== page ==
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December 26, 2019 08:29 AM UTC

Cory Gardner's Pot Promises Getting Snuffed Again

  • 8 Comments
  • by: Colorado Pols
Sen. Cory Gardner (R), holding a Sham-Wow.

Bloomberg News reports on the continuing impasse in the Republican-controlled U.S. Senate over passage of the SAFE Banking Act, legislation to allow state-legal marijuana businesses to access banking services currently denied them under federal law:

Sen. Cory Gardner (R-Colo.) said he’s hoping the Trump administration and other lawmakers can help him salvage a plan to provide banking services for the burgeoning marijuana industry that’s increasingly critical to his home state.

Gardner, facing a tough re-election bid in 2020, said he’s evaluating changes Senate Banking Committee Chairman Mike Crapo (R-Idaho) said must be made to a pot banking bill (H.R. 1595) that Gardner pushed for with Republicans and Democrats in both chambers.

Sen. Cory Gardner, a longtime staunch social conservative Republican who represented the beet-red 4th Congressional District, has always been a counterintuitive spokesperson in supporting the legal cannabis industry pioneered in Colorado and now the law in a growing bevy of states from coast to coast. Gardner like most of the bipartisan political establishment in Colorado opposed the passage of Amendment 64, but since legalization Gardner has made solemn vows to “honor the will of the voters.”

These are the voters Cory Gardner will answer to next year, after the voters of Colorado have punished Republicans in every subsequent election. So while Gardner may not be able to “honor” the will of Colorado voters like, you know, a Democrat would, marijuana offers Gardner a unique opportunity to please an electorate on the whole most unhappy with the Republican brand in general and Cory Gardner in particular.

But there’s just one little problem remaining: Republicans control the U.S. Senate.

Gardner said the bill has a long road ahead and that he’s nowhere close to having the number of votes required to show McConnell the measure can survive a filibuster. [Pols emphasis]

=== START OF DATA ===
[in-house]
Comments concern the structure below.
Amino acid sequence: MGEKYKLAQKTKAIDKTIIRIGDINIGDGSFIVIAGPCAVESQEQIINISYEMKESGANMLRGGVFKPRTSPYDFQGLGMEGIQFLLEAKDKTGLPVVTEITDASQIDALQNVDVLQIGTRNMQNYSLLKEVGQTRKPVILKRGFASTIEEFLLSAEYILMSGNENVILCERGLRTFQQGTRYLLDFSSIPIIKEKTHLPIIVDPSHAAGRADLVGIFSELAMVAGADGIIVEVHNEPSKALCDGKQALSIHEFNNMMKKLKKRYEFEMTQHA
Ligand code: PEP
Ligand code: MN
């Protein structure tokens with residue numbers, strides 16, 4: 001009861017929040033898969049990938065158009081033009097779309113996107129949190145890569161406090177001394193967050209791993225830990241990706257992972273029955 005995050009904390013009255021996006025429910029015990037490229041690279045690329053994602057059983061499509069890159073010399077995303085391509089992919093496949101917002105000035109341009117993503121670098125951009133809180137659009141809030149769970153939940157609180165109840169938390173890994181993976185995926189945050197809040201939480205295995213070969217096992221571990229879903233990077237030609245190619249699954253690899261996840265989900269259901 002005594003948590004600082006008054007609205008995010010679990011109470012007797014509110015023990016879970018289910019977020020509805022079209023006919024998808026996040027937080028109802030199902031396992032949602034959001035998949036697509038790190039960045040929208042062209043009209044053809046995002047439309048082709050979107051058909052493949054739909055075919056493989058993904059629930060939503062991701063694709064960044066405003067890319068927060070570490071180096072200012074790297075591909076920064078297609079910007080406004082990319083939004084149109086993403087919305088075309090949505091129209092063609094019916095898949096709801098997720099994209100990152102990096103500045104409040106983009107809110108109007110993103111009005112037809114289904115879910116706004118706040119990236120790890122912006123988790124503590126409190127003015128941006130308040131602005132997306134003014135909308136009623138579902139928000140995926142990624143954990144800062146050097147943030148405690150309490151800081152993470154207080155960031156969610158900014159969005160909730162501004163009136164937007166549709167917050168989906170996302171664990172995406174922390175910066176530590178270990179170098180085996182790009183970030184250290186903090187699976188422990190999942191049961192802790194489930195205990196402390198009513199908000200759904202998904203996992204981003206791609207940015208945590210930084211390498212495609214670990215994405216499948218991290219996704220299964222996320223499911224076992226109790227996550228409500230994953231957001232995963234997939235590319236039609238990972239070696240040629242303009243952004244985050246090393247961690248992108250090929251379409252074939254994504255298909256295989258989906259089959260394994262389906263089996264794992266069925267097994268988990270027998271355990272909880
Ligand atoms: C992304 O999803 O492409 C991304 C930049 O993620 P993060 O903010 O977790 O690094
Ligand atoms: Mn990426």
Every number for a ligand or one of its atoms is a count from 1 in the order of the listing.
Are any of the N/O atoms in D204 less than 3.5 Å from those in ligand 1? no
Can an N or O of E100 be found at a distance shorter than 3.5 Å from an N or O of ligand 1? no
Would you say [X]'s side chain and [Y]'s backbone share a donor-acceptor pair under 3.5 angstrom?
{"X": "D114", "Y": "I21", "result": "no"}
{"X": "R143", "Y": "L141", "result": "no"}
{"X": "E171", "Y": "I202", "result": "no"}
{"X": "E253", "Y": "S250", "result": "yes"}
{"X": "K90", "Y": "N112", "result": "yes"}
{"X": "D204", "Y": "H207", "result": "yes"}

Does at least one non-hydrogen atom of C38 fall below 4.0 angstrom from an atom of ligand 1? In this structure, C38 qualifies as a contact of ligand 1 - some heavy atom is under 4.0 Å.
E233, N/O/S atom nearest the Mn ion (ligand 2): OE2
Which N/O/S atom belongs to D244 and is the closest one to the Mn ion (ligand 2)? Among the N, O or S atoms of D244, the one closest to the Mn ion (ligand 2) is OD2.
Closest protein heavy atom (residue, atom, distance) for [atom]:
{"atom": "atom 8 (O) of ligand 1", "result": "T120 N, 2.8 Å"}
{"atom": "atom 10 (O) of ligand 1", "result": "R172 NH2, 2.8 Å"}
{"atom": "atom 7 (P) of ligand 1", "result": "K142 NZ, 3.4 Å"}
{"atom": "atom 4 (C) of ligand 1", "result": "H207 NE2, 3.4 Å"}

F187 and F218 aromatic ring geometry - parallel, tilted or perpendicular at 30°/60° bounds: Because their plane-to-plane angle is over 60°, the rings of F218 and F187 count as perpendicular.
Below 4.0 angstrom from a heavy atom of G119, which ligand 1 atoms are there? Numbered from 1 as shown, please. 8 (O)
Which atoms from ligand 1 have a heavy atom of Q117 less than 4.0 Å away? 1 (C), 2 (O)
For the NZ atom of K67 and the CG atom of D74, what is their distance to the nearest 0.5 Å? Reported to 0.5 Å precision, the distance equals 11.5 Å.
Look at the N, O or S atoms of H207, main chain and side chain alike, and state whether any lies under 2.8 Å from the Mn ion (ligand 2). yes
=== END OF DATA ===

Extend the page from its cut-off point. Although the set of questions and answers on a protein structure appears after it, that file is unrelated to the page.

“I think the challenge is some agreement on language,” Gardner said. “It’s very difficult to come up with the 60 votes we need.”

The SAFE Banking Act, sponsored in the House by Colorado’s own Rep. Ed Perlmutter, passed in September by a lopsided 321-103 vote in favor–but with 102 of the 103 “no” votes coming from Republican House members. We haven’t heard whether the “changes” to the legislation being suggested by avowed marijuana legalization opponent Sen. Mike Crapo of Idaho, who chairs the Senate Banking Committee, are acceptable to the bill’s House sponsors. Even if they are, there’s nothing to guarantee a majority of Republican Senators would be any more favorable to passing the bill.

Because this legislation would be objectively good for a burgeoning legal industry in Colorado, we certainly would welcome its passage in the Senate, and this post is not meant to criticize the efforts of anyone working to do so. But in the case of Cory Gardner, there’s just no way to separate him from the intransigence of the Republican Senate leadership Gardner voted for. If Mitch McConnell wanted the Republican Senate to pass a pro-marijuana bill, it would happen. And in a Democratic-controlled Senate, it will happen.

In the unfortunate but likely event nothing happens on the SAFE Act, let alone any of the other more permissive marijuana bills in the hopper before November, there’s only one remedy for pro-marijuana Colorado voters. Take the longer view of the issue, and do their part to flip control of the U.S. Senate.

Comments

8 thoughts on “Cory Gardner’s Pot Promises Getting Snuffed Again

  1. I think you can chalk it up to the difference between "honor" and words like " work for"…or "sacrifice on behalf".

    A smooth talking, insincere, liar can bullshit around a word like honor. Work usually produces evidence. Sacrifice can be quantified. What have you done to "honor" your constituents' wishes…no, their instructions, to make it happen?

    Or, are you just a smooth talking, insincere, liar?

  2. Senator MCConnell does want to clear the way for highly profitable  industrial hemp in Kentucky, though….so there’s that. 
     

    I doubt if the banking act can be designed to allow only banking for low -THC products- once you open a path for banking for cannabis-based businesses, the light is green for all of them. 

    1. …Gardner may not be able to “honor” the will of Colorado voters like, you know, a Democrat Hickenlooper would occasionally might…

      . . . so much to edit, so little time.

  3. And should you be interested in the extensive list of measures passed by bi-partisan vote in the House (okay, some of them were BARELY bi-partisan by co-sponsorship or votes), there is a list of 289 bills approved by the House and as of yet without Senate action in an item of Daily Kos today.

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